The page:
The ideology of Joseph Stalin included both consequences and realization. Unlike many revisionists, who made the claim that the United States was to blame for the Cold War, John Lewis Gaddis, a supporter of post-revisionism, believed that the blame fell primarily on the Soviet Union. According to him, Stalin, who based his communist regime on both communism and authoritarianism, helped the Cold War become inevitable. He hoped to continue the Marxist revolution by what Leffler called “an expansion of influence emanating from the Soviet Union itself” (Leffler, 503). Though Stalin did not want the Soviet Union involved in the Cold War, it would have been impossible for him to avoid it, due to what Vojtech Mastny called extreme paranoia. This same paranoia, contributed to Stalin’s early failure to defend the Soviet people from the Nazi invasion during World War II. Because the Nazis had killed off many of the livestock in Soviet Russia, many people died of starvation. Even though Stalin was paranoid, authors argued that his need to protect ...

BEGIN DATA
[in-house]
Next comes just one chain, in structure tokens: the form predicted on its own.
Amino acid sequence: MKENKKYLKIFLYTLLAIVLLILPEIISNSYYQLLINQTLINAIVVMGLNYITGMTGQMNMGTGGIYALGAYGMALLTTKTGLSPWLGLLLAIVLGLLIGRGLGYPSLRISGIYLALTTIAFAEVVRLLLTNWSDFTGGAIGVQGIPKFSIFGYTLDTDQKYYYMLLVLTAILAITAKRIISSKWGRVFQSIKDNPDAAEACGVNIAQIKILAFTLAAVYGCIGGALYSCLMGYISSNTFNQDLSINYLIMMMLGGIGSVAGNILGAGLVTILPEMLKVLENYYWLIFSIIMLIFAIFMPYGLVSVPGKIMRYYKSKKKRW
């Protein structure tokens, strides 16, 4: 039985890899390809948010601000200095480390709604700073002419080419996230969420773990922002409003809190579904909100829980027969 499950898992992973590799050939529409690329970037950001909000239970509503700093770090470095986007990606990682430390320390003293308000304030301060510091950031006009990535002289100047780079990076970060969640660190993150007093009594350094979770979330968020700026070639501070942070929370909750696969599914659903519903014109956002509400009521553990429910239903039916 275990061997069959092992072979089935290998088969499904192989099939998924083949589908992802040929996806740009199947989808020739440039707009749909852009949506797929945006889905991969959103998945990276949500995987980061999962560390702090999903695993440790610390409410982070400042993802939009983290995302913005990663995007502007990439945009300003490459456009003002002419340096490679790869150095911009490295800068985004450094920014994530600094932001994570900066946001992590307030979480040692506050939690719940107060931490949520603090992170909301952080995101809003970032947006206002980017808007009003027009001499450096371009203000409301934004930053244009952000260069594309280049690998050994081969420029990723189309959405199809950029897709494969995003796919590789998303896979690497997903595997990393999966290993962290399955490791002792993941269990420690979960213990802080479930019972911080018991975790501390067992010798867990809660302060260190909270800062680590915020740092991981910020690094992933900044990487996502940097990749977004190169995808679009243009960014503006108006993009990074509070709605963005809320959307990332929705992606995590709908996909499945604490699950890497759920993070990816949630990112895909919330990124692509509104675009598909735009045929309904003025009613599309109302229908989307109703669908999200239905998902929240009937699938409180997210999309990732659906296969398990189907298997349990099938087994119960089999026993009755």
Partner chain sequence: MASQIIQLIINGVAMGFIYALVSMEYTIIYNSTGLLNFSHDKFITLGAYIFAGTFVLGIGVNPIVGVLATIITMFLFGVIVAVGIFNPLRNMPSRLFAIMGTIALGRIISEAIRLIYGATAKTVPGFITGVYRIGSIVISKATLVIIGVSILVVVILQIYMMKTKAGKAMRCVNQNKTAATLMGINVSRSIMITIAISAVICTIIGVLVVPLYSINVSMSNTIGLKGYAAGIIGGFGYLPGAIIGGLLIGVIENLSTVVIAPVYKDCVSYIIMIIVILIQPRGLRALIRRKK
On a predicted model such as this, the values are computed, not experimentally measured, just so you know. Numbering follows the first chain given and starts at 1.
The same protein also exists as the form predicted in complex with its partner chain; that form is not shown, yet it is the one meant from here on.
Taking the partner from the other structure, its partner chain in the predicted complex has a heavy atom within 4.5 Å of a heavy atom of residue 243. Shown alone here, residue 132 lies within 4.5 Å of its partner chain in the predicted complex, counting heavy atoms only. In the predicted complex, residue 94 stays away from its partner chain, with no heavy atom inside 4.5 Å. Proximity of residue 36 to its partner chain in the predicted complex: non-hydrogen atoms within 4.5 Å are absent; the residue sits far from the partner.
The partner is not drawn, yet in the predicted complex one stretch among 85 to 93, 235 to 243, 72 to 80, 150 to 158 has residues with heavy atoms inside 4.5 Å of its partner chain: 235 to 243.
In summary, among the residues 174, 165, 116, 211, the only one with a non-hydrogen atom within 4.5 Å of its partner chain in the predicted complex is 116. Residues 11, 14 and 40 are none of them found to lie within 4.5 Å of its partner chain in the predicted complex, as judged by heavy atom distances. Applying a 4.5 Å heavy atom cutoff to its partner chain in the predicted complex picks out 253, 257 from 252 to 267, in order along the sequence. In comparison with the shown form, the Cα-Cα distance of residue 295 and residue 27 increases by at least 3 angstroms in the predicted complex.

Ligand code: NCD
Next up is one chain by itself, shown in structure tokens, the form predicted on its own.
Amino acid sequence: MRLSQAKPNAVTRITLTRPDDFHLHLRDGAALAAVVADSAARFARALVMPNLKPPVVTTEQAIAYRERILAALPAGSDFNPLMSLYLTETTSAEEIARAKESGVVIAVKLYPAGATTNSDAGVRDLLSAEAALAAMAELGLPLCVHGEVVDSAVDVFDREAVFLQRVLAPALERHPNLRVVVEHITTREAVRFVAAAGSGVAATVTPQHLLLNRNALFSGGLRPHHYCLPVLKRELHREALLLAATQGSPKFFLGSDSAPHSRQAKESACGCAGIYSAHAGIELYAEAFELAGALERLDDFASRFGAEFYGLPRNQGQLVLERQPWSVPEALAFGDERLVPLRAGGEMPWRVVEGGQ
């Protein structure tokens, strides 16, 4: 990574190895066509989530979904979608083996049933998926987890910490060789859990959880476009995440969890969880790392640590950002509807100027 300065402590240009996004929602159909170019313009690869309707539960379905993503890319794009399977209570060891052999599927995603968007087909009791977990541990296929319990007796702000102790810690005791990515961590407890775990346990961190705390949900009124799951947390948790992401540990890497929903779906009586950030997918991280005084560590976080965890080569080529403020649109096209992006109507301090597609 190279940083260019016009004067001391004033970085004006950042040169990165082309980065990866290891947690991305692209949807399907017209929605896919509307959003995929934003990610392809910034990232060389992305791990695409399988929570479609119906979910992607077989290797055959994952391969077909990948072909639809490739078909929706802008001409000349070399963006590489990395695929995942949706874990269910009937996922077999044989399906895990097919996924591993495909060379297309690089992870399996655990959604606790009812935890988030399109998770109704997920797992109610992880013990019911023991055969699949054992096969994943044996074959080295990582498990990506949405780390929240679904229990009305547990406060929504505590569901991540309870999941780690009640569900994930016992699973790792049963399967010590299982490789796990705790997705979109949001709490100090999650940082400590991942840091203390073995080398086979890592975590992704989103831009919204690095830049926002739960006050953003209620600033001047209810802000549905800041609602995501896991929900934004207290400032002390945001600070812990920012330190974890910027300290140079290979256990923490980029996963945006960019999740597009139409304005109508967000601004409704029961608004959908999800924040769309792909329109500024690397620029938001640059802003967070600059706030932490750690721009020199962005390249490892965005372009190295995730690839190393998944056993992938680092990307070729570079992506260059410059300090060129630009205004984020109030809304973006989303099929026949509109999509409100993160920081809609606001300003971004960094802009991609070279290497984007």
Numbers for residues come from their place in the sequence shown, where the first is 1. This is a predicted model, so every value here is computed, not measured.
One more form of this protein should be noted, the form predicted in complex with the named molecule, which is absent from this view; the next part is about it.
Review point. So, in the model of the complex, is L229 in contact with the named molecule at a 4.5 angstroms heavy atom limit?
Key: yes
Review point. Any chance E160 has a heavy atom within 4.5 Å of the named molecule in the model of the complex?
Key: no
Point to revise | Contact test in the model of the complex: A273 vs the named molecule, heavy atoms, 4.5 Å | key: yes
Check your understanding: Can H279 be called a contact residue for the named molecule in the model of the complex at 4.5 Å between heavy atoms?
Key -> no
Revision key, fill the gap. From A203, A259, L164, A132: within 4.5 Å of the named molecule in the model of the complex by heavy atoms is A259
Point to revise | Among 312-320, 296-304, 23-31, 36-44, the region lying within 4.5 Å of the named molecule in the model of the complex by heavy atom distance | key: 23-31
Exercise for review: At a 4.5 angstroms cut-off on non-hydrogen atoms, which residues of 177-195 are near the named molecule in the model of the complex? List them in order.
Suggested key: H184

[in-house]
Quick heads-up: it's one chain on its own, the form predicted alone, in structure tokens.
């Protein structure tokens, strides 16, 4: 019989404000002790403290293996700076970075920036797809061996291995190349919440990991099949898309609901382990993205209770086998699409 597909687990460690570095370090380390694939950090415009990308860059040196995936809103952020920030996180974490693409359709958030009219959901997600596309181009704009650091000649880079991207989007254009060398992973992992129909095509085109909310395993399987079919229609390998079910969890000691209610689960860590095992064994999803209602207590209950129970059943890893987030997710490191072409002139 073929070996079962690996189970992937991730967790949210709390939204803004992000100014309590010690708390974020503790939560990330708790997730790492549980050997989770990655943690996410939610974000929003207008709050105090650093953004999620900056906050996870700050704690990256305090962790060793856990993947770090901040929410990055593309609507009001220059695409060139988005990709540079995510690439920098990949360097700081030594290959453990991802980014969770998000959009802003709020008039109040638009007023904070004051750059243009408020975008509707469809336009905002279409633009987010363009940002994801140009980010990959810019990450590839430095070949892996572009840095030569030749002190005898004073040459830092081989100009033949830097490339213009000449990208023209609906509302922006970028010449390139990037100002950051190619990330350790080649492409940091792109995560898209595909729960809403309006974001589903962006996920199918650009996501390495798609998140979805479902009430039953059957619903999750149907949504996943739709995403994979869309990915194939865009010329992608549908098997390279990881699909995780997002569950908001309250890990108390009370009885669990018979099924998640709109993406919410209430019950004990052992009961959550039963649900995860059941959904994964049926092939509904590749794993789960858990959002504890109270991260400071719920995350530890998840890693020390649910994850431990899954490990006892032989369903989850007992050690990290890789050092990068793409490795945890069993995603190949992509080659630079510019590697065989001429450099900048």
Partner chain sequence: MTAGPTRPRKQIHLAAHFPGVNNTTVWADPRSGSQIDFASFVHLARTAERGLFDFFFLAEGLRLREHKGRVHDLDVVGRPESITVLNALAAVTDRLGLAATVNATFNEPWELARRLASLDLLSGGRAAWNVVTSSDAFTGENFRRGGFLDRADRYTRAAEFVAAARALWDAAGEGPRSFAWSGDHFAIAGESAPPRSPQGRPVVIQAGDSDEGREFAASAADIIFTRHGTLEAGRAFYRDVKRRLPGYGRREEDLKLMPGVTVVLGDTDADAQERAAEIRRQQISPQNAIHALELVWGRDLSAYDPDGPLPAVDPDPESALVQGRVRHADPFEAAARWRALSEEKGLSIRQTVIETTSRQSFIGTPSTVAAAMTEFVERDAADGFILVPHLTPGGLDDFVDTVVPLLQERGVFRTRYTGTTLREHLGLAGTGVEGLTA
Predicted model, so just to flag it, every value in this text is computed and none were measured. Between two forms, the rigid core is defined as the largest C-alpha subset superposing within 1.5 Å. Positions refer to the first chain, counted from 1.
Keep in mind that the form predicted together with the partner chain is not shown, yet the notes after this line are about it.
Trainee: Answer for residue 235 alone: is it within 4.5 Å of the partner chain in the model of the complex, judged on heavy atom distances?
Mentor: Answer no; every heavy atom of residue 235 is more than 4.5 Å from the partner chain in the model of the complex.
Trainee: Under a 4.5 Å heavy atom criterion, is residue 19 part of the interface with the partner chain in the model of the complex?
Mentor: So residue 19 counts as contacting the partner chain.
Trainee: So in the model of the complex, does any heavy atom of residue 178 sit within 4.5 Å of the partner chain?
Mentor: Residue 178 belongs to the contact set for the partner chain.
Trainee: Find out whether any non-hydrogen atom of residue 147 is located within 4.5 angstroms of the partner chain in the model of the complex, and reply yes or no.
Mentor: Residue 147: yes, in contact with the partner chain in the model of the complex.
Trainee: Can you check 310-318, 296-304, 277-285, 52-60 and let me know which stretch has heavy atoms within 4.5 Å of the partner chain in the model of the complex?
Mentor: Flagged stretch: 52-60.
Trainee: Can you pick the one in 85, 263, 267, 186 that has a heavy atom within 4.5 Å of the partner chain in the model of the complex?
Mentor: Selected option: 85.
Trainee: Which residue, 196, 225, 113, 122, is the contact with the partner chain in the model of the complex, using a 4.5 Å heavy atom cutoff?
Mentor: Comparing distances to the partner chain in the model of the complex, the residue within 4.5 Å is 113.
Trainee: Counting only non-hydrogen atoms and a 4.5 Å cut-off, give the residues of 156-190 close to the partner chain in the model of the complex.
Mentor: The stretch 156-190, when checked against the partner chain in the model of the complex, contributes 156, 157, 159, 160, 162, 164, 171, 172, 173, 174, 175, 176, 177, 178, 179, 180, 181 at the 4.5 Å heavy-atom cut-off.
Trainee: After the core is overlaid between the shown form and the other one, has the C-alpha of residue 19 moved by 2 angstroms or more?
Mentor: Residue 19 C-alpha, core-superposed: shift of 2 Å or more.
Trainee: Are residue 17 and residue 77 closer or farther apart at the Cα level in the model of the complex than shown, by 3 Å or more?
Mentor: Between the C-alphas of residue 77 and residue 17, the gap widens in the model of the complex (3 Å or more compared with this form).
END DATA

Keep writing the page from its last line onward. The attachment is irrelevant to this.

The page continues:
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...Europe. The author used other scholar’s works on the subject, archival letters, autobiographies, and testimonies from senate hearings. The author used historical examples from other writer’s works in order to back up his thesis. However, I do feel that the article needed to include more on the United States and a little more on Mao Zedong. While he did include both subjects in his work, they were at times,only mentioned briefly. Even though his work was centered more on understanding the communist side, it still would have been a good idea to incorporate more discussion between both the Western World and the Soviet bloc nations. This article was well-argued and it did reinforce the fact that we now do know more about the mindset of Stalin, and why he and Eastern Europeans made certain decisions. It is for this reason why I would recommend this book to other students.
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